If you want to know how old someone or something is, you can generally rely on some combination of simply asking questions or Googling to arrive at an accurate answer. This applies to everything from the age of a classmate to the number of years the United States has existed as a sovereign nation and counting as of But what about the ages of objects of antiquity, from a newly discovered fossil to the very age of the Earth itself? Sure, you can scour the Internet and learn rather quickly that the scientific consensus pins the age of of the planet at about 4.
Radiometric Age Dating - Geology (U.S. National Park Service)
Although seemingly insignificant in themselves, the anomalous K-Ar "model ages" for these recent andesite flows at Mt Ngauruhoe, New Zealand, lead to deeper questions. From where did it come? Answers to these questions in turn point to significant implications that totally undermine such radioactive "dating" and that are instead compatible with a young Earth. It shows how there was excess Argon in some andesite flows. To use rates of racemization as a dating method, however, the entire history of the fossil material would have to be known, including temperature and the entire diagenetic process, especially the chemical environment that contributed to this process, and most especially the pH. Since all of these factors, most of which accelerate racemization rates, cannot be known, it is suggested that the apparent ages obtained by this method are unreliable and, with few exceptions, are much older than the real ages.
Many independent measurements have established that the Earth and the universe are billions of years old. Geologists have found annual layers in ice that are easily counted to multiple tens of thousands of years, and when combined with radio isotope dating, we find hundreds of thousands of years of ice layers. Using the known rate of change in radio-active elements radiometric dating , some Earth rocks have been shown to be billions of years old, while the oldest solar system rocks are dated at 4.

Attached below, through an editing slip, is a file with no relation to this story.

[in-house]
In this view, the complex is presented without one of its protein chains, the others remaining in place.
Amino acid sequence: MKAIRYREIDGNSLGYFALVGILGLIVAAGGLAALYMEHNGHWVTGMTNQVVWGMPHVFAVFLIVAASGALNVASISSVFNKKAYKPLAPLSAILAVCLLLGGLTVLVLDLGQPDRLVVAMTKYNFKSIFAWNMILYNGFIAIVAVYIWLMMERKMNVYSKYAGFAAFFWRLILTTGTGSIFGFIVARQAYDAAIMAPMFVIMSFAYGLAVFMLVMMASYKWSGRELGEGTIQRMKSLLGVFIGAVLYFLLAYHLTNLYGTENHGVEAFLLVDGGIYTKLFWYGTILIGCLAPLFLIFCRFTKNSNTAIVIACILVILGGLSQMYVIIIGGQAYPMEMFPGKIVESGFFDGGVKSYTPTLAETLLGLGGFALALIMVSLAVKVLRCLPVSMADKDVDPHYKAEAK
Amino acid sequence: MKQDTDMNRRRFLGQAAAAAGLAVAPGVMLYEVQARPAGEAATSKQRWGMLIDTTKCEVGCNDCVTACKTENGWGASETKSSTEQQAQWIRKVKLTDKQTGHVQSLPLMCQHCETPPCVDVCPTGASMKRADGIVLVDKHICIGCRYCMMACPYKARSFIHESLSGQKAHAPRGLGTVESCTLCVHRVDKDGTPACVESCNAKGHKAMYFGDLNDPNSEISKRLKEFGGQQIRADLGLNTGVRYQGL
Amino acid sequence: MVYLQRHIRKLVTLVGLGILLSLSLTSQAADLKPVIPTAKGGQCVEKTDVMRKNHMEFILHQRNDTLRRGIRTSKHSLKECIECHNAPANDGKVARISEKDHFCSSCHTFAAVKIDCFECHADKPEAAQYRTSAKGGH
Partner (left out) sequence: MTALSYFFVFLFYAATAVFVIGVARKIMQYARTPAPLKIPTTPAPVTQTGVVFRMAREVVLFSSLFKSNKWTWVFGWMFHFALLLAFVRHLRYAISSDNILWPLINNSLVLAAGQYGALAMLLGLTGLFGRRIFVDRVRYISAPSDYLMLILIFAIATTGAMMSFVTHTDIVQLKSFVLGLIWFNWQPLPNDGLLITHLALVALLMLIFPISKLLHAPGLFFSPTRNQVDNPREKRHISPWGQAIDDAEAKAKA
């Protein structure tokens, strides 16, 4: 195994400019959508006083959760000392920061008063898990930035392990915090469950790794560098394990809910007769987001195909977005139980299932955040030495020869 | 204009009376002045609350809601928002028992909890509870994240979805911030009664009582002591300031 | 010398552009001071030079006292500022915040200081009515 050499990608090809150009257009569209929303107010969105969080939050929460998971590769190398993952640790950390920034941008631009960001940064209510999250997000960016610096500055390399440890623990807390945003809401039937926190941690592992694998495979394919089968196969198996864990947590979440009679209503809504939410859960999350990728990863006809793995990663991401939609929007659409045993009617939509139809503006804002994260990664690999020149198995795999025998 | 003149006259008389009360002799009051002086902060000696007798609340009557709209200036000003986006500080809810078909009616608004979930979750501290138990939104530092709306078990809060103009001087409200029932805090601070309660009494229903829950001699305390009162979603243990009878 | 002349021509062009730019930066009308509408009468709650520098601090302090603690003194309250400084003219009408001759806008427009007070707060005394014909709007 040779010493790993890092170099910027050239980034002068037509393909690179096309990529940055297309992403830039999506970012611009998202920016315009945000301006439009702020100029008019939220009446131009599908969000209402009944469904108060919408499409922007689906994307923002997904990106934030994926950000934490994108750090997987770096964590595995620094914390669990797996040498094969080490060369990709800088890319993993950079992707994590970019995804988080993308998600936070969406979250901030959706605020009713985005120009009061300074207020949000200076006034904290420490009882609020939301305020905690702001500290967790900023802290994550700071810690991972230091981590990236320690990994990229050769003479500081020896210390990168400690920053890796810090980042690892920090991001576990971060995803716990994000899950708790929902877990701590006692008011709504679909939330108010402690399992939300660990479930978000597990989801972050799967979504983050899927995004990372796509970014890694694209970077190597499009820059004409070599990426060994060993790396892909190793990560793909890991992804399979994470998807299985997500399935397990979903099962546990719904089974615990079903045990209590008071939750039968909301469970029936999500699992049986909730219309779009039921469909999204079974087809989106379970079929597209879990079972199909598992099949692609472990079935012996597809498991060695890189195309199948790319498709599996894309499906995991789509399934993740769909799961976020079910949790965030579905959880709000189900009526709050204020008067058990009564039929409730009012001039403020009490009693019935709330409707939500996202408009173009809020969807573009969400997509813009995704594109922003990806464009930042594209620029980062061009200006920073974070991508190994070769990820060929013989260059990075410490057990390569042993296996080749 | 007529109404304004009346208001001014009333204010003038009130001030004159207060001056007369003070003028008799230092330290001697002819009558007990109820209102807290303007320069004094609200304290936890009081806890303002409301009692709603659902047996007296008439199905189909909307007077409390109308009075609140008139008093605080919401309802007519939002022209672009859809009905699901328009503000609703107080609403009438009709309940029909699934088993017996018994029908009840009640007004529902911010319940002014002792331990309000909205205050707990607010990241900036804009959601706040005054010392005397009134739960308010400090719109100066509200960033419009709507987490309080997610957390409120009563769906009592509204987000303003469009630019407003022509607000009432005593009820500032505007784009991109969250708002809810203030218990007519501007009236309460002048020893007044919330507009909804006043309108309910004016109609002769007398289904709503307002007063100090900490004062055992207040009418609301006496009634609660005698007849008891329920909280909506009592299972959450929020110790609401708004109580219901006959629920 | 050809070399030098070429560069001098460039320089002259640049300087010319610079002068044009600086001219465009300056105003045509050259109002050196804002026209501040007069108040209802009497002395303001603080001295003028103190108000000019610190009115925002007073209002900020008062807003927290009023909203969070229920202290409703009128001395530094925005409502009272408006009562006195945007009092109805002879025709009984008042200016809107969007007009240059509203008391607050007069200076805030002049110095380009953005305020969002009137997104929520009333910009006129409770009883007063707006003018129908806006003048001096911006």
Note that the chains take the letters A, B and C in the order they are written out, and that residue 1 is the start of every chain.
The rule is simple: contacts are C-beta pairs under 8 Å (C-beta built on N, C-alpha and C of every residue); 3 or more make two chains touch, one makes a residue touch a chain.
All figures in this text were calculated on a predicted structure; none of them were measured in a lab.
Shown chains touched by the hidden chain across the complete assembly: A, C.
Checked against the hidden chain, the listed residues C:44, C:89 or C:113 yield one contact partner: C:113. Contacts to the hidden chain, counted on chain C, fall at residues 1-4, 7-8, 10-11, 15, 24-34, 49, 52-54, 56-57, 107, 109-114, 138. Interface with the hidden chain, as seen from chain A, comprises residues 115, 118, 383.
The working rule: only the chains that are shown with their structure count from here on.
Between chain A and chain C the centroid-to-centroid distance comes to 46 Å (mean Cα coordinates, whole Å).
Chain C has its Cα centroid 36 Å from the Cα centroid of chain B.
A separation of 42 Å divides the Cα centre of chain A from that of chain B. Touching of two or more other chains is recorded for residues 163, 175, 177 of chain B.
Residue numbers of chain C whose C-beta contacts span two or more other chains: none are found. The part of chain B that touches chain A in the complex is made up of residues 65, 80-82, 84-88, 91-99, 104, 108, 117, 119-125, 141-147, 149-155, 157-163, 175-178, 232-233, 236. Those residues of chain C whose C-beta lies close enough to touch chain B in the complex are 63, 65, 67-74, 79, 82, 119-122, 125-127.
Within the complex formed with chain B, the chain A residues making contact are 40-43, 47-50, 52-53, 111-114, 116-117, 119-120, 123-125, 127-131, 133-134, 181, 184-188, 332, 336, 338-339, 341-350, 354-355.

Radiometric dating calculates an age in years for geologic materials by measuring the presence of a short-life radioactive element, e. The term applies to all methods of age determination based on nuclear decay of naturally occurring radioactive isotopes. Bates and Jackson To determine the ages in years of Earth materials and the timing of geologic events such as exhumation and subduction, geologists utilize the process of radiometric decay. Geologists use these dates to further define the boundaries of the geologic periods shown on the geologic time scale. Radiometric decay occurs when the nucleus of a radioactive atom spontaneously transforms into an atomic nucleus of a different, more stable isotope.